08:45 However, advocating on hospital committees or within your workplace is considered advocacy.

    08:51 When we advocate for patients in any arena, it is considered advocacy.

    08:57 Not every nurse has to speak with political leaders in order to be an advocate. Advocacy does not have to be time consuming and it can be a part of your role as nurse that you really enjoy.

    09:11 I am Jessica Spellman and this has been advocacy and nursing.

    About the Lecture

    The lecture Advocacy of Care (Nursing) by Jessica Reuter is from the course Management of Care with Jessica Reuter (Nursing). It contains the following chapters:

    • Advocacy in Nursing
    • Types of Advocacy
    • Challenges and Barriers
    • Objectives

    Included Quiz Questions

    1. To influence issues that affect individuals or groups.
    2. To limit the choices of individuals or groups.
    3. To inform others what is best for them.
    4. To protect the best interest of the nursing profession.
    1. No issues to address.
    2. Lack of knowledge of how to address issues.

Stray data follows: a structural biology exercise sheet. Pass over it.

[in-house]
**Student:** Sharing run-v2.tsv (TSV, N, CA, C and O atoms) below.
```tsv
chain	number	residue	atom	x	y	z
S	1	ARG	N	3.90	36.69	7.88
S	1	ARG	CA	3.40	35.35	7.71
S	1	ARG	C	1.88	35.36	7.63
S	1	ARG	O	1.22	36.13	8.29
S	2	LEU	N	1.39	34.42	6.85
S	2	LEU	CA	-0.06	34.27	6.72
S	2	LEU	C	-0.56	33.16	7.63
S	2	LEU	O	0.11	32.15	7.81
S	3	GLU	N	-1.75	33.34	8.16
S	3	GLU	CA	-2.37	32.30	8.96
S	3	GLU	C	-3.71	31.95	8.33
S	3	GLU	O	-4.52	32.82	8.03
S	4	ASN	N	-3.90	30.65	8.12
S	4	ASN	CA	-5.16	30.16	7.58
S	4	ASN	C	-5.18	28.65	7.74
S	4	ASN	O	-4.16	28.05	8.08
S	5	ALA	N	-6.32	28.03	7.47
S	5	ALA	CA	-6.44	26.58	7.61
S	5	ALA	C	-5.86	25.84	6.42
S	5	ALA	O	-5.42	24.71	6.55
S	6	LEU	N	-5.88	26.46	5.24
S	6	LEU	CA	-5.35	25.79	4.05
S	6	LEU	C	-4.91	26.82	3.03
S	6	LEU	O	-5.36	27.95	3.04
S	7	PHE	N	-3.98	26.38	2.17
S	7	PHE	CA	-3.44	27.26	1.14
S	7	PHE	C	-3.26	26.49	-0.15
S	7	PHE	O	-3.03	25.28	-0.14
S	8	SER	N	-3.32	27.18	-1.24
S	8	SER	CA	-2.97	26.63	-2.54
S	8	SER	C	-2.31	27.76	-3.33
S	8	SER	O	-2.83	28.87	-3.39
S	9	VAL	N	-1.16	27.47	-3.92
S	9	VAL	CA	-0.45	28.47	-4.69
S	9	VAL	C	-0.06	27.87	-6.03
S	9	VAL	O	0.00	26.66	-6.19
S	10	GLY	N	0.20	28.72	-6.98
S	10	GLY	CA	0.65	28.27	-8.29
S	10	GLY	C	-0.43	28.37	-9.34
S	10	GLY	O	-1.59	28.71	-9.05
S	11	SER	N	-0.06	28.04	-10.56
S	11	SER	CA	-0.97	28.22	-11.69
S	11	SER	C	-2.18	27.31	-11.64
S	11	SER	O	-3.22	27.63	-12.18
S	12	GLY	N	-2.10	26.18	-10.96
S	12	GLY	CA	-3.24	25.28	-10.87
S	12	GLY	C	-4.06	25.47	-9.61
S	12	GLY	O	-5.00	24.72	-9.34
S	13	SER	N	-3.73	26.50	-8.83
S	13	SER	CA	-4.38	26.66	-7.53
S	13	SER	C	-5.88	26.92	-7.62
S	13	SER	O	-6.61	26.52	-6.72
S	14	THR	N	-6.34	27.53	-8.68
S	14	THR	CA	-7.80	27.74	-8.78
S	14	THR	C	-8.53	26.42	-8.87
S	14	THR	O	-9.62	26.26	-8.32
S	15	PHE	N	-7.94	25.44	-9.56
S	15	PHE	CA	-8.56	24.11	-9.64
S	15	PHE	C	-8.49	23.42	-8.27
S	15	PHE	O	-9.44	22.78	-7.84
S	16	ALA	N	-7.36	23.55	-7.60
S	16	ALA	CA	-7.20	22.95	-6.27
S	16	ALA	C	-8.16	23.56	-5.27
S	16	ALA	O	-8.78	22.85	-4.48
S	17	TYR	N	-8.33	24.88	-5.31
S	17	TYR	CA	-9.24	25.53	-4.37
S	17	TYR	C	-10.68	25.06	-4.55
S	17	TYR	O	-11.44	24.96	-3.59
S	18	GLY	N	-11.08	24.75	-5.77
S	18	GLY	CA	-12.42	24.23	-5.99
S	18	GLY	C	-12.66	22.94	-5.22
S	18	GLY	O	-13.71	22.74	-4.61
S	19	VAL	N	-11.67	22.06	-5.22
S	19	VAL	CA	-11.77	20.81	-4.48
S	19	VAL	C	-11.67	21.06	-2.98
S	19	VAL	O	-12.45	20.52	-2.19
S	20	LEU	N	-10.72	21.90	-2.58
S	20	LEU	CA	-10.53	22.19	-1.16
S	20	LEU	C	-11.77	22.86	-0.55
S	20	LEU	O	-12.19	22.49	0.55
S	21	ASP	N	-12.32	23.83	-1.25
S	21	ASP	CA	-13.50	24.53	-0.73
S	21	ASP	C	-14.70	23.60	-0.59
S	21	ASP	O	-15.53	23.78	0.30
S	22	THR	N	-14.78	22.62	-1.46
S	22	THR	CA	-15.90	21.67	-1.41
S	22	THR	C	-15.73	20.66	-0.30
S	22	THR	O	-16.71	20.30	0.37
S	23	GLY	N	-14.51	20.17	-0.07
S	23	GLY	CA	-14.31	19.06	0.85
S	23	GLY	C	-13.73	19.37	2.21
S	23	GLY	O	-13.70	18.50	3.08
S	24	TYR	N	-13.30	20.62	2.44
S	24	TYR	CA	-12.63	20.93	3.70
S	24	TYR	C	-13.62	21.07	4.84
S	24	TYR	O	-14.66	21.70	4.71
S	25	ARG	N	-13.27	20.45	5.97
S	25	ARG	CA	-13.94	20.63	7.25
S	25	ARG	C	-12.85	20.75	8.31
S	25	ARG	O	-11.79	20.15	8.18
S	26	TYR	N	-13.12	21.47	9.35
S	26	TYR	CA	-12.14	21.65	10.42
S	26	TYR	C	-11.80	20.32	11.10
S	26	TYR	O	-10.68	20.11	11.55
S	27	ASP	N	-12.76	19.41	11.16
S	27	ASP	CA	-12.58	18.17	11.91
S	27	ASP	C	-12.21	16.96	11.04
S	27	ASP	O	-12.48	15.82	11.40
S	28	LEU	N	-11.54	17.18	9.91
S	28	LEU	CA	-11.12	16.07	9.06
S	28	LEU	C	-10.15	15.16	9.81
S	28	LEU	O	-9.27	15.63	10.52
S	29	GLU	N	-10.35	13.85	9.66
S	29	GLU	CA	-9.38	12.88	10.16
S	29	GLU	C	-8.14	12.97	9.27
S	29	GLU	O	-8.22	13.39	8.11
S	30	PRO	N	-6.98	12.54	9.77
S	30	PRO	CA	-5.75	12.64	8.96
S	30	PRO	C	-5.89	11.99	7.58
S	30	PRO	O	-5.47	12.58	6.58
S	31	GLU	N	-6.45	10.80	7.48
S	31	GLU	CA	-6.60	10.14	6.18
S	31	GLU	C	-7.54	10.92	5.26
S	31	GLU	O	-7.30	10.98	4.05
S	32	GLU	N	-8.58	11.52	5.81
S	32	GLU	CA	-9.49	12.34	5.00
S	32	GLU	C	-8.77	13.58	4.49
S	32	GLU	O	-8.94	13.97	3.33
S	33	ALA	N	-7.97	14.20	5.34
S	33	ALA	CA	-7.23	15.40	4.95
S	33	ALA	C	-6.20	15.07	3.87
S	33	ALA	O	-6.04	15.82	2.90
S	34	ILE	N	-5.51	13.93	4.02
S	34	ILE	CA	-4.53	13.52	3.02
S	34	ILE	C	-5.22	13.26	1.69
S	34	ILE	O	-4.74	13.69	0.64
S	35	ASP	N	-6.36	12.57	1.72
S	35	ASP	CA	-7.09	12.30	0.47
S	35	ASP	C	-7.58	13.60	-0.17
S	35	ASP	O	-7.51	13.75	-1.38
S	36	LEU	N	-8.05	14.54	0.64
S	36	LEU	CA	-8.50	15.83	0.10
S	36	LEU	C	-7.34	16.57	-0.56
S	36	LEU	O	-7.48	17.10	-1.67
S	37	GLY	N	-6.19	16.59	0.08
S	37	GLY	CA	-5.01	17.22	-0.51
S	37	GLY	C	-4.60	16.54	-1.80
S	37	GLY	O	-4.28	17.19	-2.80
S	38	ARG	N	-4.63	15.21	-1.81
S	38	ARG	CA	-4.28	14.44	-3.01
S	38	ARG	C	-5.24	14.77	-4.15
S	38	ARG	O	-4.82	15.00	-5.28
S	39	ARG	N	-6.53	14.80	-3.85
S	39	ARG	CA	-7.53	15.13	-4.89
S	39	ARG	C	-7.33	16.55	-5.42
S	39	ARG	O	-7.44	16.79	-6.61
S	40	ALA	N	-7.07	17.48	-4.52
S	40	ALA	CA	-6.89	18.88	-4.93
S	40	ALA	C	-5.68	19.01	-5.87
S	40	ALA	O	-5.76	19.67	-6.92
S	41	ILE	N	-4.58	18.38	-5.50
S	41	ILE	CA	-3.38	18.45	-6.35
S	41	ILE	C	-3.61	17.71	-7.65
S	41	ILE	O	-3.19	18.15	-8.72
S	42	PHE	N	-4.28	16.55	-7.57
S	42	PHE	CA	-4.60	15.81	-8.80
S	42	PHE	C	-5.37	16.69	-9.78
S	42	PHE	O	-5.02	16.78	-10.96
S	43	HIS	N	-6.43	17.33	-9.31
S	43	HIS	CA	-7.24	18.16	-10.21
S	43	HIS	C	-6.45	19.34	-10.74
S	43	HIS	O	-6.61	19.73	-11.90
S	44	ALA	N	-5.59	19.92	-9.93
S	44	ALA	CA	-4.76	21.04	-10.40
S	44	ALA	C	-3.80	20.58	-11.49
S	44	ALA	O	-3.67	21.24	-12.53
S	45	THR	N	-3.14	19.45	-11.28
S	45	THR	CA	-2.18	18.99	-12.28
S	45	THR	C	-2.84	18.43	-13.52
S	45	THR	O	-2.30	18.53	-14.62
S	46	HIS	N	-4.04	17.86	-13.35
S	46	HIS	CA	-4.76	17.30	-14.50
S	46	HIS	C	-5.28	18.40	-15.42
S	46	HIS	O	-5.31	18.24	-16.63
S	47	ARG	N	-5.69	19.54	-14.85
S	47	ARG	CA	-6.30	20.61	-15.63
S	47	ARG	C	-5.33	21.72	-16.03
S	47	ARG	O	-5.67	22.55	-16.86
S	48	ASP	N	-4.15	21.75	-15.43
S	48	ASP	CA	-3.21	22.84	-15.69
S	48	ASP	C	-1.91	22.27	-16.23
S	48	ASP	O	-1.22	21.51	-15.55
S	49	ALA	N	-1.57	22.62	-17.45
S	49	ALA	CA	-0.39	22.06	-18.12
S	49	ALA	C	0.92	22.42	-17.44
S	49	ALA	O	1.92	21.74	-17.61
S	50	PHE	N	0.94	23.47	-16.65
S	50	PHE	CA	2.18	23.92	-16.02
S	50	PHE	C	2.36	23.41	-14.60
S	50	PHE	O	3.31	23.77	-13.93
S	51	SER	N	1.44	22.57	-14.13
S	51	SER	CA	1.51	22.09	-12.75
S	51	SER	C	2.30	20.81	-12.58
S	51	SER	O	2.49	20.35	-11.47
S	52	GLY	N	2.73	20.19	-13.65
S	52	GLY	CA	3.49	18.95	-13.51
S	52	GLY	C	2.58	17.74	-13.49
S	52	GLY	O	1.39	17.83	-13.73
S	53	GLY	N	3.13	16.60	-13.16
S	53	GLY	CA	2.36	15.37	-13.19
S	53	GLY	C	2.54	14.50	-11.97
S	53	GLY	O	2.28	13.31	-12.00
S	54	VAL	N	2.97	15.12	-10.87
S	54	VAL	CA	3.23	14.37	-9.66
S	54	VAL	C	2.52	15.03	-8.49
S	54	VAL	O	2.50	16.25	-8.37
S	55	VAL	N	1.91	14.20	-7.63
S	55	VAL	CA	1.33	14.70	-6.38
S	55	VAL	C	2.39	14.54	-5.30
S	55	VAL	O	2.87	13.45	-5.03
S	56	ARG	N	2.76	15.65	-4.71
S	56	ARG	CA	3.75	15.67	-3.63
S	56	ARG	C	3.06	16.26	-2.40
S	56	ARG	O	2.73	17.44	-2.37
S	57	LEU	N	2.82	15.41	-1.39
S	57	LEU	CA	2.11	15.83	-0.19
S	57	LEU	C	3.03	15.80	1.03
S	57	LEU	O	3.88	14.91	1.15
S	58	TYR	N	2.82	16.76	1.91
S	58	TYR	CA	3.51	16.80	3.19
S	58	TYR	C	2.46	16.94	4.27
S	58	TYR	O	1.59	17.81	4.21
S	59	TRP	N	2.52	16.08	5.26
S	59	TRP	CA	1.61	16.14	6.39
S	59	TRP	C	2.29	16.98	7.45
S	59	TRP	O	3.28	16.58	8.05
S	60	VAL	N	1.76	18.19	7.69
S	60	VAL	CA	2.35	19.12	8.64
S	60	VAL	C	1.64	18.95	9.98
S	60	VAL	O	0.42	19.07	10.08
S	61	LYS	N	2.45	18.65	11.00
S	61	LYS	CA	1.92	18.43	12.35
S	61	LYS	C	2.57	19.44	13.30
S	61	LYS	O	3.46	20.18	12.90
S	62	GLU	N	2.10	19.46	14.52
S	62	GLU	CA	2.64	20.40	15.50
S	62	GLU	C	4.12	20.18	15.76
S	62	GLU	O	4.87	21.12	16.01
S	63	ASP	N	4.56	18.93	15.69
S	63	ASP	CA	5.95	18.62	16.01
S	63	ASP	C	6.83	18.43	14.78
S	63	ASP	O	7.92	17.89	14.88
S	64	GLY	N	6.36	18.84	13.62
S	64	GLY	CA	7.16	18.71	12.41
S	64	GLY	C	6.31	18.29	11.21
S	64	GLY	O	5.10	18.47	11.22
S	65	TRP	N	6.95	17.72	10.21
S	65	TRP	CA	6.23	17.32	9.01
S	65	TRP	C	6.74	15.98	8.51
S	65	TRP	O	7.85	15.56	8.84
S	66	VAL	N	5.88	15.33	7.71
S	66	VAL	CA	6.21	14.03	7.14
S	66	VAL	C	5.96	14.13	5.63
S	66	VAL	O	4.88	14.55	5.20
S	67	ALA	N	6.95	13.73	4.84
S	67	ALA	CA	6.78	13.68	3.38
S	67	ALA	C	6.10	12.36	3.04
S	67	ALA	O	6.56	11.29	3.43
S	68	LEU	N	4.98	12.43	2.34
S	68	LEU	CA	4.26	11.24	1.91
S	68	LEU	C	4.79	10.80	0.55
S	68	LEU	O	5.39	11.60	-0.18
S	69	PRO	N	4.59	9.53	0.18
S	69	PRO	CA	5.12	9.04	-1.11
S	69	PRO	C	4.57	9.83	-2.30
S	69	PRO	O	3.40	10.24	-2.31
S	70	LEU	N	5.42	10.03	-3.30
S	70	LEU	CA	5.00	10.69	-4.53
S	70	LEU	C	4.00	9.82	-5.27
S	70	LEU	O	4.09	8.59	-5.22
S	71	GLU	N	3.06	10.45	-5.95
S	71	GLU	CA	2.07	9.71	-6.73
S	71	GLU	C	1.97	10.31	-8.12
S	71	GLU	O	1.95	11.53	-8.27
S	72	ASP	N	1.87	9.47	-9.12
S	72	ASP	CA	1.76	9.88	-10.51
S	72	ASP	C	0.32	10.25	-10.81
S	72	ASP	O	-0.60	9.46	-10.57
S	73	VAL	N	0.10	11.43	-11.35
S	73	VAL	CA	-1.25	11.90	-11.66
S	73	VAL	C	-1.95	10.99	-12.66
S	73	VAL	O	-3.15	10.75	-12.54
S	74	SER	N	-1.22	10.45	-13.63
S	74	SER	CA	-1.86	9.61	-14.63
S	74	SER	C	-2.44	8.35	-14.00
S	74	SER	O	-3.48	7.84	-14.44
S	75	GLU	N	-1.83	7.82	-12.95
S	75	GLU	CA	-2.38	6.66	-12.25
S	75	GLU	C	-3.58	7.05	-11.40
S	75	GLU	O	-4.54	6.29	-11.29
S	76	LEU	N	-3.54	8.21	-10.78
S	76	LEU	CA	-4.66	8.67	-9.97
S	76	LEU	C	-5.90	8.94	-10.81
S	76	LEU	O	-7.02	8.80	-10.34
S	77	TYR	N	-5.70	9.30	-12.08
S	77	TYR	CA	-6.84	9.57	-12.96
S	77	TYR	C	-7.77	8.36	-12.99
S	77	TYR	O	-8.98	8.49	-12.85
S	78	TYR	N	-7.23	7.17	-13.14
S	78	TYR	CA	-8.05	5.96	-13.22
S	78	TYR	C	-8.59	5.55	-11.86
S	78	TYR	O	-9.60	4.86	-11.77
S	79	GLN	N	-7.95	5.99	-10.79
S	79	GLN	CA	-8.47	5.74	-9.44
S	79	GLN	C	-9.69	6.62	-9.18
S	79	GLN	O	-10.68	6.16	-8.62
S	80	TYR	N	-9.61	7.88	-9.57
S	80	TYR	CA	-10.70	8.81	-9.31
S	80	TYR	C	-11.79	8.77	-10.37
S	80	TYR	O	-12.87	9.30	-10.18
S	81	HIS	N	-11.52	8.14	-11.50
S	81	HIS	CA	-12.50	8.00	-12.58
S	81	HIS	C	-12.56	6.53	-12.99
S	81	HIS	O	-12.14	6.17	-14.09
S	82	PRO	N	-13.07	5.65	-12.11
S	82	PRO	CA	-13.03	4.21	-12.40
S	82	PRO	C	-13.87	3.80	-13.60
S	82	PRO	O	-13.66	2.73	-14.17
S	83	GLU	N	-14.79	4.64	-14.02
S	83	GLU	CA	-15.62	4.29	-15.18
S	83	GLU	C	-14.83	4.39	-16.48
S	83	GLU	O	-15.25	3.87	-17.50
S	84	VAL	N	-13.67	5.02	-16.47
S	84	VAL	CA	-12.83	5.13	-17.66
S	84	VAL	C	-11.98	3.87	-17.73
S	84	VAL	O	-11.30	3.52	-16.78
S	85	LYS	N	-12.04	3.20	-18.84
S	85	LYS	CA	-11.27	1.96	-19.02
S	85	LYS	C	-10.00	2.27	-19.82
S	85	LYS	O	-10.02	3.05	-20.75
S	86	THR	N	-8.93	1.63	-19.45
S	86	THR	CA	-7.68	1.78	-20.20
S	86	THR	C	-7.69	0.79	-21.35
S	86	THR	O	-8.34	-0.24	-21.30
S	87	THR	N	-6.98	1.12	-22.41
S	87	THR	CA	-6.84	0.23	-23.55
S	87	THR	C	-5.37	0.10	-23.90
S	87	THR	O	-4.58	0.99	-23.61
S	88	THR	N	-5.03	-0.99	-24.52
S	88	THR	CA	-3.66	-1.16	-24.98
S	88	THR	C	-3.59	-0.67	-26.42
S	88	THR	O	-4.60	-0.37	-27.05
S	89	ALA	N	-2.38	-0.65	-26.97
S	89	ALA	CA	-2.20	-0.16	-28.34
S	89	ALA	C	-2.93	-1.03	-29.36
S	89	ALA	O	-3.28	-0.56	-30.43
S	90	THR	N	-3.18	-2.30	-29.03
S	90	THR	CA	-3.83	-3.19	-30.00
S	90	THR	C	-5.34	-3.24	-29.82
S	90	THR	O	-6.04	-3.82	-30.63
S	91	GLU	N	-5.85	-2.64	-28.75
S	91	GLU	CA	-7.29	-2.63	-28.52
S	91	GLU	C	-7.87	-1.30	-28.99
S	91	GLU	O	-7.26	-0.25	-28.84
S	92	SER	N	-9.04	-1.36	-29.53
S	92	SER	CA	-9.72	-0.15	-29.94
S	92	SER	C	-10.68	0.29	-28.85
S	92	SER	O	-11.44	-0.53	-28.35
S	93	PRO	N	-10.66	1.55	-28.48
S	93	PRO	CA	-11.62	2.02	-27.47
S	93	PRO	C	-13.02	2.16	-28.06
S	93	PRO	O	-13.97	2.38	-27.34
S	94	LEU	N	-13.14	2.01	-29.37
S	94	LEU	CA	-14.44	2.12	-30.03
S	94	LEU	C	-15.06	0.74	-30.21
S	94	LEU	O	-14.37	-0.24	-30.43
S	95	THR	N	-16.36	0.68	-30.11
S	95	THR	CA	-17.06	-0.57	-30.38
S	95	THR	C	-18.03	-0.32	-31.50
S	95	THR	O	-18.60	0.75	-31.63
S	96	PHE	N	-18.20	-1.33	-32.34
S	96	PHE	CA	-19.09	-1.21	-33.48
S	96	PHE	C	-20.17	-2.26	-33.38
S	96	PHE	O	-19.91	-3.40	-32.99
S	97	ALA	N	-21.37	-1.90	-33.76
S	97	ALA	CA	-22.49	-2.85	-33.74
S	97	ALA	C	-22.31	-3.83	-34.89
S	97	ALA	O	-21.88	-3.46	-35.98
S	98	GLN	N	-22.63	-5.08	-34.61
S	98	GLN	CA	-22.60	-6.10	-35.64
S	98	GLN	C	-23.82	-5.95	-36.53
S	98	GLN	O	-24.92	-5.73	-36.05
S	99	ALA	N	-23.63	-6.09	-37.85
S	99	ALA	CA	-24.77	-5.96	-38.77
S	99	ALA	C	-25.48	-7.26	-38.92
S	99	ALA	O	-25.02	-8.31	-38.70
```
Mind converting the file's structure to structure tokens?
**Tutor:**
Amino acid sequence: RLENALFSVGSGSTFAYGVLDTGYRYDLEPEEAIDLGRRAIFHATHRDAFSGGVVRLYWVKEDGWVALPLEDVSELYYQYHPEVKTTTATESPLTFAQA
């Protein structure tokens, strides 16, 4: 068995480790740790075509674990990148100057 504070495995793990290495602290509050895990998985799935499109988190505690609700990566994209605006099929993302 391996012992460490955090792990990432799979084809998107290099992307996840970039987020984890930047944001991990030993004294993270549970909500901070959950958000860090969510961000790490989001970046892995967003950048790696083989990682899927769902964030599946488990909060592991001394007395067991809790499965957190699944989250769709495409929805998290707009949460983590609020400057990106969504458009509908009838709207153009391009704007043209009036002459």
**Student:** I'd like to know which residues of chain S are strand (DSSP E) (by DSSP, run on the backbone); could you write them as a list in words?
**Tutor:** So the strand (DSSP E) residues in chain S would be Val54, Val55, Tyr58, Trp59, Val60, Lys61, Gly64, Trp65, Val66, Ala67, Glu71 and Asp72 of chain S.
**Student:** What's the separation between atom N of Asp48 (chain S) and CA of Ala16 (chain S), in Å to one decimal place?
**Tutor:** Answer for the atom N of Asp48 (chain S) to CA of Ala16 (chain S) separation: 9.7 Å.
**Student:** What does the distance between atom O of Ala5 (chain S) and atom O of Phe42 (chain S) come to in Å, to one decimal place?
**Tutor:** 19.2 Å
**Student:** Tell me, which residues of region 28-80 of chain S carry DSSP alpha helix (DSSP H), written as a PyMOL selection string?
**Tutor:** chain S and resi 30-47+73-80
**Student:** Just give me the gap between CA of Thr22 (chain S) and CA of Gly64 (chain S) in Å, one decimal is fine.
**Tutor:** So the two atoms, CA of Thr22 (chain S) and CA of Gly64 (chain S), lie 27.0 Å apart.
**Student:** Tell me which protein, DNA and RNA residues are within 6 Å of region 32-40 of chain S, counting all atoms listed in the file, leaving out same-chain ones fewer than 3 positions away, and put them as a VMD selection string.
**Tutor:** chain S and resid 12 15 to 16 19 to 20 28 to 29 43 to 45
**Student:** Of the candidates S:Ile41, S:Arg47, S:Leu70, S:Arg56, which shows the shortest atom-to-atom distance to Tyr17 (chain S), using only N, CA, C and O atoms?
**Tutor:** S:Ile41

3. Lack of time.
    4. Fear of retaliation.
    1. Meeting with your supervisor to discuss your concerns.
    2. Refusing to work the overtime.
    3. Commiserating with other employees.
    4. Accept that is the way things are going to be

    Author of lecture Advocacy of Care (Nursing)

     Jessica Reuter

    Jessica Reuter

    Customer reviews

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    By Chrizelda L. on 11. April 2017 for Advocacy of Care (Nursing)

    It is perfect, not only this video but the entire lesson. However, I think my internet is a little bit slow which made the playing of the video not continuous. But it is amazing.

    This was a perfect lecture
    By Odak S. on 03. February 2017 for Advocacy of Care (Nursing)

    This was a perfect lecture. Jessica Spellman teaches so well in simple terms. I would really recommend this to my classmates, all healthcare workers who care about their patients and their profession.

    I love the teaching …
    By Adeyefa A. on 03. May 2016 for Advocacy of Care (Nursing)

    I love the teaching thanks.